People have been saying the country is “going to hell in a handbasket” for decades. It’s sort of a rite of passage for every current generation to look at the next one and think it will screw up things so badly everything will be ruined. But the handbasket this current generation is creating may well be the one that sinks us.
Every generation is the product of the previous one – its culture, morals, priorities, everything. In the 20th century, that meant passing on a work ethic, the importance of family and the American Dream that each generation will do better than the last. That optimism hit a wall with the baby boomers.
Baby boomers, the generation born between 1946 and 1964, are the current leaders and, as such, set the tone for what comes next. The example they’ve set as the “me generation” planted the seeds for what we’re seeing now in the news, and those images do not bode well for the future.
Baby boomers pioneered the “if it feels good do it” mentality prevalent in the ‘60s and ‘70s – sex, drugs and rock and roll; a lifestyle that lived for the “now,” future be damned. They seemed to lack an appreciation for consequences; the hangover never sets in if you don’t stop drinking.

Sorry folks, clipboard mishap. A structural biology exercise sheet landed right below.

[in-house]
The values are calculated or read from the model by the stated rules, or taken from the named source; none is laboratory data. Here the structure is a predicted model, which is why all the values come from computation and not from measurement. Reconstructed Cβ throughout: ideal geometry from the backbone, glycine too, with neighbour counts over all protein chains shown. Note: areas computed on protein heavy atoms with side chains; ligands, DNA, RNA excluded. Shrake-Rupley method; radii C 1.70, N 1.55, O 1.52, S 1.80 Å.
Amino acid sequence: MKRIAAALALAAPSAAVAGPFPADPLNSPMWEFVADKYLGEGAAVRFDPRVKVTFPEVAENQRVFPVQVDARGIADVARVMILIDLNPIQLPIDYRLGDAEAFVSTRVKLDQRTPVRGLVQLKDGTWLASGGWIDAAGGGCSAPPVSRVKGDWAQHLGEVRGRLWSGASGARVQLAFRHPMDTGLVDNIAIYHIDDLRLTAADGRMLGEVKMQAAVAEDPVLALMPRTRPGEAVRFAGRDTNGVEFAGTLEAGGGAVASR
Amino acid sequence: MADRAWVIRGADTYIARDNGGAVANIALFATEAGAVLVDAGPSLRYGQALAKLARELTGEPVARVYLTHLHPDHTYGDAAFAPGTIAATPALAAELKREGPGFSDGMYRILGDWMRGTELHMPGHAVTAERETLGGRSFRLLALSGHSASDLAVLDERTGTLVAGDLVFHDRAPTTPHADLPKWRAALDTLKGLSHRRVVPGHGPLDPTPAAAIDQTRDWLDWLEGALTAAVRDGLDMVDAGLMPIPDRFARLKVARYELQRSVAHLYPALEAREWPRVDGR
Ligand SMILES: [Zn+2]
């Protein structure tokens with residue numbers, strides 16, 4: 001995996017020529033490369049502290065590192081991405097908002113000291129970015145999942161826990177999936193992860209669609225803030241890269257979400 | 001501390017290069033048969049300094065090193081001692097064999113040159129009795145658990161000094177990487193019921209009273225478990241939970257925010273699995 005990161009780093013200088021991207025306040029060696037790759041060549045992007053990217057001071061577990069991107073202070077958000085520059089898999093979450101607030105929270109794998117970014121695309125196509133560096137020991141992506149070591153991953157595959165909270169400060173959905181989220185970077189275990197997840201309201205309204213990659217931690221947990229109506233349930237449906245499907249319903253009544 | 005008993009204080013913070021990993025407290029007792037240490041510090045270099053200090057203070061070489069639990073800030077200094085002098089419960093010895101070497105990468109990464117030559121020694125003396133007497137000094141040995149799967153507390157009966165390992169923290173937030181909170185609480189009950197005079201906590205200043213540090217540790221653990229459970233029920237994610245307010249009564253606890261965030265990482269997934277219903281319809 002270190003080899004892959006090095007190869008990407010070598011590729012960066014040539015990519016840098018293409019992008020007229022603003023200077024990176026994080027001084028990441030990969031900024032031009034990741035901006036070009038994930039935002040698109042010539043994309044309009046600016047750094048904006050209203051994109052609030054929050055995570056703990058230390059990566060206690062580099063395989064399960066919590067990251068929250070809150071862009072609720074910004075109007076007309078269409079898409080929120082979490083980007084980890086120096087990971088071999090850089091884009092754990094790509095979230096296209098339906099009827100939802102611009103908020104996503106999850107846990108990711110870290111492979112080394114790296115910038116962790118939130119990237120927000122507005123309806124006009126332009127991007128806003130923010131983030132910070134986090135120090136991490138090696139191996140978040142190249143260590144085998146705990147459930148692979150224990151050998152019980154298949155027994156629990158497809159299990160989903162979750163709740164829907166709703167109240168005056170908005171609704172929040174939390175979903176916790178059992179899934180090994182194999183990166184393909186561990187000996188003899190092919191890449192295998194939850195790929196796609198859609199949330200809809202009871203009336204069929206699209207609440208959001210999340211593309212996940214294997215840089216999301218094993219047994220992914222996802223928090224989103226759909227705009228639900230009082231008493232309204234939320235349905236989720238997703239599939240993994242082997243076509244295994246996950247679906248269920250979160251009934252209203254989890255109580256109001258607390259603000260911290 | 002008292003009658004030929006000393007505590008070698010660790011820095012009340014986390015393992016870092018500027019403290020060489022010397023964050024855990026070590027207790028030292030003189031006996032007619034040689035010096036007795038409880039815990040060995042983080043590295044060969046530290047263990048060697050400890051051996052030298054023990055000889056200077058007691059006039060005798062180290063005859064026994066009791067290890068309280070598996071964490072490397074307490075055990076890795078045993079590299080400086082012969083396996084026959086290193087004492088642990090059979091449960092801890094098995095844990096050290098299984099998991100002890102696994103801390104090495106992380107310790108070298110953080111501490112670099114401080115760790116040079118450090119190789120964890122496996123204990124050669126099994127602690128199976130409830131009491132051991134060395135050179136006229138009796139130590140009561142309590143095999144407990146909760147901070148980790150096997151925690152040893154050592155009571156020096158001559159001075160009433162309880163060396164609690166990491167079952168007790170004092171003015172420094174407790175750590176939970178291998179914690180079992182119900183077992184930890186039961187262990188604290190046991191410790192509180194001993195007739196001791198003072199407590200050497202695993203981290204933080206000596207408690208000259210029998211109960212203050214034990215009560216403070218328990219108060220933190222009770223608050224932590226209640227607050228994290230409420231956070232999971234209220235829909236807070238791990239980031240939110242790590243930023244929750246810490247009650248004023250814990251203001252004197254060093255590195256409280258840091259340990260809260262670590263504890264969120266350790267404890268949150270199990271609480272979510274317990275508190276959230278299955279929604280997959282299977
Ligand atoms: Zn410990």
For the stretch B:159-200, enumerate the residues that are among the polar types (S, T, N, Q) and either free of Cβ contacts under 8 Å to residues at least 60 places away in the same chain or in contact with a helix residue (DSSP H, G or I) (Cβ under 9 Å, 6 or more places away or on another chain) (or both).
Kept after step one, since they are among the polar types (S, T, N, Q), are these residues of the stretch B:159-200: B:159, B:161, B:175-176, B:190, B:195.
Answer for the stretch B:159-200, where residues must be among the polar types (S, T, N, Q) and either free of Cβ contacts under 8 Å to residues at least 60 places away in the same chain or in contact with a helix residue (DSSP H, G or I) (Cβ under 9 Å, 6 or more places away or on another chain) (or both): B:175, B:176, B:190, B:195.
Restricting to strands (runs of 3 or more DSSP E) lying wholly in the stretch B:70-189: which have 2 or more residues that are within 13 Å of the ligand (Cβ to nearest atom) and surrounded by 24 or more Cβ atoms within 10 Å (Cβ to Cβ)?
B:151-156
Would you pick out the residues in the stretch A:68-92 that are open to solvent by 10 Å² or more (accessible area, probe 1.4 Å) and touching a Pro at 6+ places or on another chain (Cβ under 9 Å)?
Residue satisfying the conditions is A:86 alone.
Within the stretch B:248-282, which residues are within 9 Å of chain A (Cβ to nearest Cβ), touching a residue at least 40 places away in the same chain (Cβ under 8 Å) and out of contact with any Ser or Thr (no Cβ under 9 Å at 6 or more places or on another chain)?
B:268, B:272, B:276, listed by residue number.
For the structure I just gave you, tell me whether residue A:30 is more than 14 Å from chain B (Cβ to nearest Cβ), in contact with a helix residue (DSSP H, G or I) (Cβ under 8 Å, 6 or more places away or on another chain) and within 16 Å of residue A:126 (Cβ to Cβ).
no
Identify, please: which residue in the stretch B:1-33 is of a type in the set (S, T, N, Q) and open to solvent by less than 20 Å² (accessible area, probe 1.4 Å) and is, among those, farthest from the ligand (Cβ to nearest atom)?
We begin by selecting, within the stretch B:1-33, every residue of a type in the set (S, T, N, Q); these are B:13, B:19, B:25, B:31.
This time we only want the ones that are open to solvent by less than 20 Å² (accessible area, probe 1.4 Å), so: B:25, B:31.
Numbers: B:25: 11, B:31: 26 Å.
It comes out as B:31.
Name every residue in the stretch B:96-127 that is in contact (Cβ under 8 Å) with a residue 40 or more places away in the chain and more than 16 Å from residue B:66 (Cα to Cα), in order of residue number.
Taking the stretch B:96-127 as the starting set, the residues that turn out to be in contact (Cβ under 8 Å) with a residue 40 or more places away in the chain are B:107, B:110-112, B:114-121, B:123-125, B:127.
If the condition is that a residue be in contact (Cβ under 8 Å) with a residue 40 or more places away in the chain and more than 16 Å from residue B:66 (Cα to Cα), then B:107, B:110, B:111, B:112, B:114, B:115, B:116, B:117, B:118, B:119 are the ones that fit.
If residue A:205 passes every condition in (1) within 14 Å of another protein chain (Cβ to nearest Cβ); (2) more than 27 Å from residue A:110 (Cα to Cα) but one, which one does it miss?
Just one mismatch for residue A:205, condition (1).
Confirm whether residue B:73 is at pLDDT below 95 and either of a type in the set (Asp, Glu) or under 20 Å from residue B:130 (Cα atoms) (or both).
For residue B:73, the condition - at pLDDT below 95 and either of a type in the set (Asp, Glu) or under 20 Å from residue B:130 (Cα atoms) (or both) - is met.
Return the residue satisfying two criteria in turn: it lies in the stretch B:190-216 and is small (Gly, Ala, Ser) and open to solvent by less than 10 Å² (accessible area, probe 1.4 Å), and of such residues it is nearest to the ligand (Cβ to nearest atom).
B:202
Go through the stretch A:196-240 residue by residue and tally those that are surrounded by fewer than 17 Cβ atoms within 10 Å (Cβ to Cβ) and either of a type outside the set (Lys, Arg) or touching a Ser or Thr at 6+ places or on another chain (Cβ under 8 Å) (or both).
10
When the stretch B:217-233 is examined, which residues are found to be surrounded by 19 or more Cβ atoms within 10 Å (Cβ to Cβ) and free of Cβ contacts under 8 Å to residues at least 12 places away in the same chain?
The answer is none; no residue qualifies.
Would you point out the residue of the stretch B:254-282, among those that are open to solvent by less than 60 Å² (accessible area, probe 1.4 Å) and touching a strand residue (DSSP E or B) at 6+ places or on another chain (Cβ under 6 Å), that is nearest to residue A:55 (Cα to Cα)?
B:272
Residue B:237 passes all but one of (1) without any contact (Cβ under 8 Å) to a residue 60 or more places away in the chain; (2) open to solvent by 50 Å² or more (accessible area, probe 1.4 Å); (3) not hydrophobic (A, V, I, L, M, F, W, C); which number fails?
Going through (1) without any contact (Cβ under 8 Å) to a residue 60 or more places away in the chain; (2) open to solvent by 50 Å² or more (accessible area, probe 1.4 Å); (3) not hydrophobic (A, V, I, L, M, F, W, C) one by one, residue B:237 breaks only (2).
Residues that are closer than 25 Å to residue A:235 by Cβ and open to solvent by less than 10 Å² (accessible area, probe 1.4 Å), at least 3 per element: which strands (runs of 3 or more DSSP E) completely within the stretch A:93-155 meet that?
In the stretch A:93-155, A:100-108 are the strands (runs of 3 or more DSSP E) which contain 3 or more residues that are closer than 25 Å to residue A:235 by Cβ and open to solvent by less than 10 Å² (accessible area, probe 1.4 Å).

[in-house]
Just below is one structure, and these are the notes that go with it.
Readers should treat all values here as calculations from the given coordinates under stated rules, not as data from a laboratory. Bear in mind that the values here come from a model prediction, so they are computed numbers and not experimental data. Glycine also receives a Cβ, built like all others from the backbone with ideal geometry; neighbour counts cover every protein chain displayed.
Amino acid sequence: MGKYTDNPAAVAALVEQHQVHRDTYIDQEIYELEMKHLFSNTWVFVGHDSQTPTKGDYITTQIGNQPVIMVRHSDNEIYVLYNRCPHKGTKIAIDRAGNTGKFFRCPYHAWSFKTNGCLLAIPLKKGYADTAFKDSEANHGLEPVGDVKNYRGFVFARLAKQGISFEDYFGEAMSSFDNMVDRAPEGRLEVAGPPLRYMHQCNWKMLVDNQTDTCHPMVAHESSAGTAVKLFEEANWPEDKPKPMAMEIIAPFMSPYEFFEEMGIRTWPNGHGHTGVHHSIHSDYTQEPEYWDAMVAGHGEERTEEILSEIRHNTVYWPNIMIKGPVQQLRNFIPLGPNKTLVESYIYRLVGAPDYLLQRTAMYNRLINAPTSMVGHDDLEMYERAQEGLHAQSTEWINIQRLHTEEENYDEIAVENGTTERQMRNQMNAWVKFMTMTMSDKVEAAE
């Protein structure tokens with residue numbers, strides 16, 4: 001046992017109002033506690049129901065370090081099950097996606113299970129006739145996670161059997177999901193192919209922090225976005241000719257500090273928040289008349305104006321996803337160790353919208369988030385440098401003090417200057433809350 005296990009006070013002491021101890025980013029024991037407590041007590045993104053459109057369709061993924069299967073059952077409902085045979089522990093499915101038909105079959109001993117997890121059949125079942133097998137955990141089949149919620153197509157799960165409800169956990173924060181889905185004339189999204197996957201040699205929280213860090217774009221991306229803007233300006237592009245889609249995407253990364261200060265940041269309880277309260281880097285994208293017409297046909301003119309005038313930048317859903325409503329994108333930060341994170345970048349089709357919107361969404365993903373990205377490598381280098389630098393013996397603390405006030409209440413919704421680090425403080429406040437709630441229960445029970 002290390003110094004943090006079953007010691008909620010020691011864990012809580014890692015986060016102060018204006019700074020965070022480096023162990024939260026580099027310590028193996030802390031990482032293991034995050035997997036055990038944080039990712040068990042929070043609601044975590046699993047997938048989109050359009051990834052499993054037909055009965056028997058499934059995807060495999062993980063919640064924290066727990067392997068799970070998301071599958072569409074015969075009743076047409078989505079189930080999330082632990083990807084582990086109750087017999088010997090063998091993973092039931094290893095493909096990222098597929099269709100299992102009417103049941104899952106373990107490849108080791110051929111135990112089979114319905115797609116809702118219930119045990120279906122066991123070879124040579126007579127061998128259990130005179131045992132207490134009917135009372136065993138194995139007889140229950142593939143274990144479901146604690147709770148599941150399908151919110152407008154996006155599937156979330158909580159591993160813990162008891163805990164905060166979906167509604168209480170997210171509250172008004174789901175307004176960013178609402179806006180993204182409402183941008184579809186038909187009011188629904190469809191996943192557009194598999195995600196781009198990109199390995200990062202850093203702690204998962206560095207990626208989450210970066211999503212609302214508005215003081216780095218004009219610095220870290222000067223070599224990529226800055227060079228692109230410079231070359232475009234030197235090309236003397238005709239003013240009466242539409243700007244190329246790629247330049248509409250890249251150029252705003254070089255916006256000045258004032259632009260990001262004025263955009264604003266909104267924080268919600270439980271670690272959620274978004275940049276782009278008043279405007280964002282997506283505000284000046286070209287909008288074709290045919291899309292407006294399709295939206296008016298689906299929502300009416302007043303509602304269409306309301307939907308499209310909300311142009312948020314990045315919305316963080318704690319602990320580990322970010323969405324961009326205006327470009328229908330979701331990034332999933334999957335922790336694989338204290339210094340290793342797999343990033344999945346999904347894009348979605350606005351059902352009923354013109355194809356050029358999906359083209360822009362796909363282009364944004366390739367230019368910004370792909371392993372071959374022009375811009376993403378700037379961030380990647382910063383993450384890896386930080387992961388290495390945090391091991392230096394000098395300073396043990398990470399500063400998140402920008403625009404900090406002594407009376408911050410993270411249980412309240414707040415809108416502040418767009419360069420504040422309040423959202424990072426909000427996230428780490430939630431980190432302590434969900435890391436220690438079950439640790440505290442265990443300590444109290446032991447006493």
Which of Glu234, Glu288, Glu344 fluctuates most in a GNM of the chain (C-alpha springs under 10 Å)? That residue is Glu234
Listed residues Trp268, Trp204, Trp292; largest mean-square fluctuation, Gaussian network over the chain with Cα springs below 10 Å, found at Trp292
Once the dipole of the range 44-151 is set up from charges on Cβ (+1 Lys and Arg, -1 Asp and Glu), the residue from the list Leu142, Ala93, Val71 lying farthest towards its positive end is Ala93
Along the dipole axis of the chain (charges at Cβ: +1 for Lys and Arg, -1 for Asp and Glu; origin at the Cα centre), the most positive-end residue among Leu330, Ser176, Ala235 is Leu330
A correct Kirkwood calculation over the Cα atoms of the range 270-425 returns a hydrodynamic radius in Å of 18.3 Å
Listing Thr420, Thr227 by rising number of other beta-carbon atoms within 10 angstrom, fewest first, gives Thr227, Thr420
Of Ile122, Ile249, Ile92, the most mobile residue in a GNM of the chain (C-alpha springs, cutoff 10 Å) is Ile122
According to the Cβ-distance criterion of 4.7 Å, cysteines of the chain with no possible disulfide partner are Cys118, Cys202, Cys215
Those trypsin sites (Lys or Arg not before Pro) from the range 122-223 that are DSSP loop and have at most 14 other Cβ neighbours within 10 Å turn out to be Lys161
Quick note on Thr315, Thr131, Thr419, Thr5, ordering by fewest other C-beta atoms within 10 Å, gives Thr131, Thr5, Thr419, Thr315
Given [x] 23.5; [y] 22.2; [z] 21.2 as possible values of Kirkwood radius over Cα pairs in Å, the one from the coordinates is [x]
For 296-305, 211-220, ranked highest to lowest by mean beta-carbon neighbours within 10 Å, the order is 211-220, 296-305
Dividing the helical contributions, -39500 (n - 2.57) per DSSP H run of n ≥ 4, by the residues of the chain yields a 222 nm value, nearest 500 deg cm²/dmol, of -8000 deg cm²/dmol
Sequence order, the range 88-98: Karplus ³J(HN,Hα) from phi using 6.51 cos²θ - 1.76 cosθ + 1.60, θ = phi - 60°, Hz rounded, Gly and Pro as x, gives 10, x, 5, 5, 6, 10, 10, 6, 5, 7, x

But the bills will come due; the piper must be paid.
Baby boomers are the credit card generation, living on money borrowed – taken, actually – from their children and grandchildren. They’re also the generation that placed emphasis on self-esteem above all.
High schools and colleges across the country have, and are, graduating little monsters who’ve never heard the word “no,” who’ve been told they’re never wrong and every choice is equally valid. These kids don’t have parents, they have “best friends.”
Parents aren’t solely responsible for this, although they are individually responsible for their own children. The culture they created, accept and celebrate is the main culprit.
We once celebrated success. Now, we simply elevate being. We once shunned certain behaviors; now, they are the yellow brick road to the future.
Andy Warhol famously said "In the future, everyone will be world-famous for 15 minutes," and he was nearly right. Nearly because “famous” is no longer a result of actions; it’s the goal. Celebrity is heroin, and we have a generation entering adulthood as addicted as any junkie.